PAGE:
The unnecessary death of Savita: Why safe and legal access to abortion must be an essential part of all reproductive health services
In Ireland (and around the world) this past weekend tens of thousands of people marched in memory of a young woman, whose life ended in horrific manner because of an outdated and harmful law. Savita Halappanavar was the victim of Ireland’s archaic abortion laws, which equates the right to life of the mother to that of the ‘unborn’. She was left in excruciating pain for days until she finally succumbed to septicemia, all because of medical uncertainty around the current law.
However, Savita’s death, premised in the 8th Amendment, was essential the result of political abrogation. Since the X case in 1992, the Supreme Court, in it’s ruling, placed the onus on politicians to clarify the law. Successive Irish governments have failed to do so. In 2010, the European Court of Human Rights agreed, and called on the Government to finally legislate for X and clarify the instance where abortion is legal. Instead, the Fine Gael lead Government called on an ‘expert’ group to provide recommendations, which have only just been given to the Minister for Health. This delay is likely to have cost Savita her life. Unwilling to tackle abortion as an real and lived experience for Irish women, Irish politicians have avoided the topic to the detriment of not only Savita, but the approximately 4000 women forced to travel each year.
While abortion laws in Ireland are quite different from our own here in New Zealand, the apathy of politicians towards the issue resonates. It left me thinking could something similar happen here? Could a woman be left to die because of doctor’s interpretation of the law?
The answer is yes. In 2004, a woman was not given the option of an abortion and died after giving birth to a stillborn baby. This was the subject of a year -long investigation by the Health and Disability Commissioner. As Mary Jane Boland reported in the Sunday Star Times on 12 August 2007, a woman with a chronic heart condition “pleaded with doctors to abort her baby so she could live – but both she and her newborn son died”.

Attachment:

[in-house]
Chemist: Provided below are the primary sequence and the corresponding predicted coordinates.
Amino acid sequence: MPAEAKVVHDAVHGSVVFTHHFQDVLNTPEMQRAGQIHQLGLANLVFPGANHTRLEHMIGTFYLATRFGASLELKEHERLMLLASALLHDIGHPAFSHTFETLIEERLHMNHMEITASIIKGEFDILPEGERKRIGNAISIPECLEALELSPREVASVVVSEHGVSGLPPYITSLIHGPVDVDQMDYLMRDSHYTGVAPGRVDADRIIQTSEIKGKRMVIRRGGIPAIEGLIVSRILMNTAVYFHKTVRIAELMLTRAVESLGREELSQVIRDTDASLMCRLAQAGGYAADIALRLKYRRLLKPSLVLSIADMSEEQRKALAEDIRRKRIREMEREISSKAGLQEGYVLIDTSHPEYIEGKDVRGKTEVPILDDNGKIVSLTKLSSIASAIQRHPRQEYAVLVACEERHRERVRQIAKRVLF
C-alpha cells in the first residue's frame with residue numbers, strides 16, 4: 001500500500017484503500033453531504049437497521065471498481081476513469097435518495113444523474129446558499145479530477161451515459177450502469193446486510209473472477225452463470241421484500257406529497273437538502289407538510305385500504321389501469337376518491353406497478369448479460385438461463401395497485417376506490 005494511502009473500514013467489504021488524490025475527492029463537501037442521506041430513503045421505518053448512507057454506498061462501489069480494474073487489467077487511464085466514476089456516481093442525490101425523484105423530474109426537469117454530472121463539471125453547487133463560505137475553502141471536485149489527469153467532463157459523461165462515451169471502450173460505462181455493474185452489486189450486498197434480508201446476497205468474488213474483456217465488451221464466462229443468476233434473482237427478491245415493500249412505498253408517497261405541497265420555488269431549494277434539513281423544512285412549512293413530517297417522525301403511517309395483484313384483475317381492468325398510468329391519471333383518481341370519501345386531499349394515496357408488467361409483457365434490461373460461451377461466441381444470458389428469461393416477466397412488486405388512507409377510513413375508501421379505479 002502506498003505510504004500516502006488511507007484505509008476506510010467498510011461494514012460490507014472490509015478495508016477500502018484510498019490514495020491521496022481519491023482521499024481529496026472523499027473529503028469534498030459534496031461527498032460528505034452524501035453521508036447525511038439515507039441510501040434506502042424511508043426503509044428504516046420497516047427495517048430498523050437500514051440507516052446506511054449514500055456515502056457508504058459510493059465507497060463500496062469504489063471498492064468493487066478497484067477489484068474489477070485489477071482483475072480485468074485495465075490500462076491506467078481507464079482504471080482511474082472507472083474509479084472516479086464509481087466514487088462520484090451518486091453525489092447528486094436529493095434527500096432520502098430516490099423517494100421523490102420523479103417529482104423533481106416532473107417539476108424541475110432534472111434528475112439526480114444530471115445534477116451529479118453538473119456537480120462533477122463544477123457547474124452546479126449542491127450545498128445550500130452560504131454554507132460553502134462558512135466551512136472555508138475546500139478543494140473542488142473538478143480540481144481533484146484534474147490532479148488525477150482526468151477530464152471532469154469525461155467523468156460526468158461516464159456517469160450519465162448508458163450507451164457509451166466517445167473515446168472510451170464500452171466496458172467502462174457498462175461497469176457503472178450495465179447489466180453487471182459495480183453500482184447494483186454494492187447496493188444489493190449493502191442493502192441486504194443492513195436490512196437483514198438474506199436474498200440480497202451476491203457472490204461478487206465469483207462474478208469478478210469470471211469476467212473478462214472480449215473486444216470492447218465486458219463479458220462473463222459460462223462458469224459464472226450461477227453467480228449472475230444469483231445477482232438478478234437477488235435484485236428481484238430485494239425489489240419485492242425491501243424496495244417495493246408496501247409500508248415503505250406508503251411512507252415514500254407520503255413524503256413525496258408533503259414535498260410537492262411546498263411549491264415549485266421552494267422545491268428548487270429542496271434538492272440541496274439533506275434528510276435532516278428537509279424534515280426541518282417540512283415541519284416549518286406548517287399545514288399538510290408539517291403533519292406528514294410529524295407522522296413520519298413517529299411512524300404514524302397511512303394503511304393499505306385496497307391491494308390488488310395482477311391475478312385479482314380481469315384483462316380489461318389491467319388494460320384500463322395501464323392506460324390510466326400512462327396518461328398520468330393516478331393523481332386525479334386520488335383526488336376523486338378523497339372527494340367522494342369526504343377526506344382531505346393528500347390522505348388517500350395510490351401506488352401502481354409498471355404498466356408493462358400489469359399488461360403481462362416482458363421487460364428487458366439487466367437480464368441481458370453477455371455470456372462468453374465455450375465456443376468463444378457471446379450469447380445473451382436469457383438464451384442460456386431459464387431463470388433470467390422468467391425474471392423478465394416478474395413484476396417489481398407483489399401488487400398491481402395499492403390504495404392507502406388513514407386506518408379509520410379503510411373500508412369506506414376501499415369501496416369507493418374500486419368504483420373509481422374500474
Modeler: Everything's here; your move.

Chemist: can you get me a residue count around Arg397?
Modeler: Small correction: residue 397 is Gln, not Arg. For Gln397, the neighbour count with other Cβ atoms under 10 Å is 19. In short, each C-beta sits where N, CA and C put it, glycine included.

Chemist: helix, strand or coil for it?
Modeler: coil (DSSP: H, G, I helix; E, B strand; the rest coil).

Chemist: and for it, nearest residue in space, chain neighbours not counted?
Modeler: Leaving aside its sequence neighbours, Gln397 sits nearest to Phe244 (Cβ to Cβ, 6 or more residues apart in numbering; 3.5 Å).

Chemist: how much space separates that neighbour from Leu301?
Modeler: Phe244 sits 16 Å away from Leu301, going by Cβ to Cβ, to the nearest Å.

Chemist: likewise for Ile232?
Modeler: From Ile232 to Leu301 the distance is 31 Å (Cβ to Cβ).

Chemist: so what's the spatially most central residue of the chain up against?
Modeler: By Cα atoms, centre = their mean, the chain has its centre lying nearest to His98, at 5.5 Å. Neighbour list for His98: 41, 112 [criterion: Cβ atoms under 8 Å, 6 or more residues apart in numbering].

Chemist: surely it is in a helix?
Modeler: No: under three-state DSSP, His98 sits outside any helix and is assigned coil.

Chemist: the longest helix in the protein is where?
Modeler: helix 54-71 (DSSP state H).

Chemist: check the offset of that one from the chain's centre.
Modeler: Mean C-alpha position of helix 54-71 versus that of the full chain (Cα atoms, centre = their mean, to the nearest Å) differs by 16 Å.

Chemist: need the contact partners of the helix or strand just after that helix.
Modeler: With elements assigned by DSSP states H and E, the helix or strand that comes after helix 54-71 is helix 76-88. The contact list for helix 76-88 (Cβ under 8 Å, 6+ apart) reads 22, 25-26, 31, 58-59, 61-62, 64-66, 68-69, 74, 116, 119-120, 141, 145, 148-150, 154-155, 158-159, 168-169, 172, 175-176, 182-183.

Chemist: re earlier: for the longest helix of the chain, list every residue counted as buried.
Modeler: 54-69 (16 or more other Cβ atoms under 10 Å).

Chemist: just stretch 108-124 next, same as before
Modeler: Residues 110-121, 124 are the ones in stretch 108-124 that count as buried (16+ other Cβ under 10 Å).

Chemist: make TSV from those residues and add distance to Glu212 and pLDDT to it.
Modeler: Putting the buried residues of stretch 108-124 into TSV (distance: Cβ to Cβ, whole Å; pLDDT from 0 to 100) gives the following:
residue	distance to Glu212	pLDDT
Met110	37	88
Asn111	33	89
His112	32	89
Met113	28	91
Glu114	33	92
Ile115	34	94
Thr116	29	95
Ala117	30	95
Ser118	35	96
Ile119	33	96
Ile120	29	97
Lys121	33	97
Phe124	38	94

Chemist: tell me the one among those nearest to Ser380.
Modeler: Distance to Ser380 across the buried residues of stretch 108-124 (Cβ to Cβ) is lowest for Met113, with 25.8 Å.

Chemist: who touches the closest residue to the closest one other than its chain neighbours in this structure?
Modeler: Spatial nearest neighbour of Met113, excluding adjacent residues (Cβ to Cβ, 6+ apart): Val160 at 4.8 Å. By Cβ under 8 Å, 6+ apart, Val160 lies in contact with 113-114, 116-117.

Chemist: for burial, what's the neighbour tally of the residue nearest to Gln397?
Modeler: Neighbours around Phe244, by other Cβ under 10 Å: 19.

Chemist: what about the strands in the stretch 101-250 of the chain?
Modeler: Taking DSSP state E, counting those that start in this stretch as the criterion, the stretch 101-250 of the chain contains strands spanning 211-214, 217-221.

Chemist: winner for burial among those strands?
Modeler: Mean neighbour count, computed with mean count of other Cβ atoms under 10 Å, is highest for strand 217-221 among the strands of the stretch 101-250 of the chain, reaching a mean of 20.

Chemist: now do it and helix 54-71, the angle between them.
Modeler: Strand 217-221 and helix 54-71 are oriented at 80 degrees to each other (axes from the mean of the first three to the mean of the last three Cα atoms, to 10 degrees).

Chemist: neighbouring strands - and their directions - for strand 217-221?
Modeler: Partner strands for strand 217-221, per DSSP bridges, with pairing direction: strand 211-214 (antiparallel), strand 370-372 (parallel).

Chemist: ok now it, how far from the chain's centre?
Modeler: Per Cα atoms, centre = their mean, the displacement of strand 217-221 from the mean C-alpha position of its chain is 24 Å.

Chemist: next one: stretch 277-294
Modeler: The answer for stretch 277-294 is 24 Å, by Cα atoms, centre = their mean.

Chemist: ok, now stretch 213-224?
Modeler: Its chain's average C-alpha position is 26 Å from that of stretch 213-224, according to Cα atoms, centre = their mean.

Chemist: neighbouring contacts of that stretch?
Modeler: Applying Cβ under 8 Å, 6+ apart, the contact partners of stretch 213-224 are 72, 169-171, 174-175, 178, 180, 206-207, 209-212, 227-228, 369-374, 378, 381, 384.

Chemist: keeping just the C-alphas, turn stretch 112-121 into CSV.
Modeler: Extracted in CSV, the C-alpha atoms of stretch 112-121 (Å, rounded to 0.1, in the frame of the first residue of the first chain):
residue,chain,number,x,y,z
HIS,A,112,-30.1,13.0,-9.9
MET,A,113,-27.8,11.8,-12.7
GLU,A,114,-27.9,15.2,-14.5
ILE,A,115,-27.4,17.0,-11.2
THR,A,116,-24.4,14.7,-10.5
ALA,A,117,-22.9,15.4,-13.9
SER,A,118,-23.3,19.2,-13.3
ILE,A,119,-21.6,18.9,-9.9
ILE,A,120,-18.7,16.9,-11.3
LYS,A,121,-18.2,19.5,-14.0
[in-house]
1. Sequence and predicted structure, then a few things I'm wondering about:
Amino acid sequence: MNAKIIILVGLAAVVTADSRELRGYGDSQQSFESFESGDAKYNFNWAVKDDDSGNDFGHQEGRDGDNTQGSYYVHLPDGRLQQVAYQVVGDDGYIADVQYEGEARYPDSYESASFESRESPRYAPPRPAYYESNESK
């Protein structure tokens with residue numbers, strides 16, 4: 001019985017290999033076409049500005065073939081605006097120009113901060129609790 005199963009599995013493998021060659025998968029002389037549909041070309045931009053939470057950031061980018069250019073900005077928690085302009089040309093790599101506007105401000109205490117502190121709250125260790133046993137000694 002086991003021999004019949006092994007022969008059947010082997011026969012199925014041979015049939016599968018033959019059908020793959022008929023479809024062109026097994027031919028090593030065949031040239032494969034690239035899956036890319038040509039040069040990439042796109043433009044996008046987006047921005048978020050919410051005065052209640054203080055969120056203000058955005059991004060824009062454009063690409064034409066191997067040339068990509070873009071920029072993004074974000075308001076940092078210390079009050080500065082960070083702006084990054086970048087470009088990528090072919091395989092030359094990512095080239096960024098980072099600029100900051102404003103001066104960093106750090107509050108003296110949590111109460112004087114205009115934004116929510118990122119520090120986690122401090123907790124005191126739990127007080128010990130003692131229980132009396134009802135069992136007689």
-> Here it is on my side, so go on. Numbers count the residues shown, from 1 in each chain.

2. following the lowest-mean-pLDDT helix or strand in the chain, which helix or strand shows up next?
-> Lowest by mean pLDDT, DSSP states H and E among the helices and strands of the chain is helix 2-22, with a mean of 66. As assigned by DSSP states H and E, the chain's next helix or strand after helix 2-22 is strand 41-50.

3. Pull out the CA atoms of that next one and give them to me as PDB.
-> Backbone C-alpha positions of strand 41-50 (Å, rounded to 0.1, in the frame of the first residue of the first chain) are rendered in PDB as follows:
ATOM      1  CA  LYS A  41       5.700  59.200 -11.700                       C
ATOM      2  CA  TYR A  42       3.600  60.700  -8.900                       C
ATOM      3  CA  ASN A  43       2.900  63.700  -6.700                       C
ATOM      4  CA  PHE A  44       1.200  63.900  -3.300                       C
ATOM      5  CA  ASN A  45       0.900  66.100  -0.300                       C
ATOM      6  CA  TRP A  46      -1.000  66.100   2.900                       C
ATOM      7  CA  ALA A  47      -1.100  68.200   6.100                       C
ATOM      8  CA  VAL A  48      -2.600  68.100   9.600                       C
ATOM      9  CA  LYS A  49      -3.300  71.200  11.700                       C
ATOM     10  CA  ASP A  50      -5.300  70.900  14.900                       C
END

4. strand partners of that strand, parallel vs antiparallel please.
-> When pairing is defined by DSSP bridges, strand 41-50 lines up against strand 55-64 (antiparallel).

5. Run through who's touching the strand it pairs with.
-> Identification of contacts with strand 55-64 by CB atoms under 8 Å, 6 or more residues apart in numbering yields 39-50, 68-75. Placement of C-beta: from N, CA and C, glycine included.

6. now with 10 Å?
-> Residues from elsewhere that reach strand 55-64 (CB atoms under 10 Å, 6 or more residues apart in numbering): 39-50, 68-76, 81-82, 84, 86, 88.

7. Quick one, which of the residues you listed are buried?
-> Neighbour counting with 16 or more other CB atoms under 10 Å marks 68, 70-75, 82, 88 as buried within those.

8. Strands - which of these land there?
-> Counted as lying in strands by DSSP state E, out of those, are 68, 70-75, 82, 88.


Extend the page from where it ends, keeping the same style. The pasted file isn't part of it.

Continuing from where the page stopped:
The Commissioner’s report details a severe lack of communication between physicians, which resulted in a 15 week delay in the assessment of the woman’s heart condition in relation to the pregnancy. Instead of the chronic heart condition being an immediate red flag in the first trimester that this was a very high risk pregnancy, the woman wasn’t seen by a cardiac team until 21 weeks. Furthermore it was found that the woman’s options – a termination or heart surgery – were not explained to her. She delivered a stillborn baby boy at 30 weeks and died 4 hours later.
Aside from the case appearing in the news in 2007, in relation to the Commissioner’s findings, it seems little was made of this woman’s death. Yet abortion in both Savita’s and this woman’s would have been life saving. – an often forgotten fact and one that was clearly glossed over in the 2004 case. This was not a catalyst for change in New Zealand, as the fault was defined as being not the abortion laws themselves but in poor processes and communication amongst physicians.
However, these two cases show the importance of abortion being a fundamental part of all medical services. It should never be something that a doctor has the power to deny and certainly not in instances where a woman is in severe pain or suffers from a chronic disease. It must be about trusting women to know their own bodies and respecting their right to freely choose how and when they bring a life into this world.
May these two deaths and the deaths of women daily across the globe remind us that no country is immune to ideology trumping medical evidence and human rights. Denying abortion can lead to death. Not just of the foetus but that of the woman – a woman with a partner, family and perhaps other children. While Savita’s husband and family are left to mourn a life taken far too soon, pro-choice activists need to raise our voices and call out politicians and leaders whose sheer cowardliness allow women to die. This holds true not just in countries like Ireland, with restrictive abortion laws, but here in New Zealand as well. Perhaps if abortion was decriminalized and destigmatised back in 2004, at least one woman, her husband, family and other child, would still be alive today.
Postscript- today in the Irish Times, Minister for Health, James Reilly has said that the Government will make a decision about whether or not to legislate for the X case early next year. In perhaps the most laughable quote, he said “you have to match the urgency of the situation with the need to have a thorough and proper consultation and a plan to deal with it and I don’t think that we can rush this in weeks but neither do I think we can afford to leave it for months and months on end”. Apparently 20 years is not sufficient time!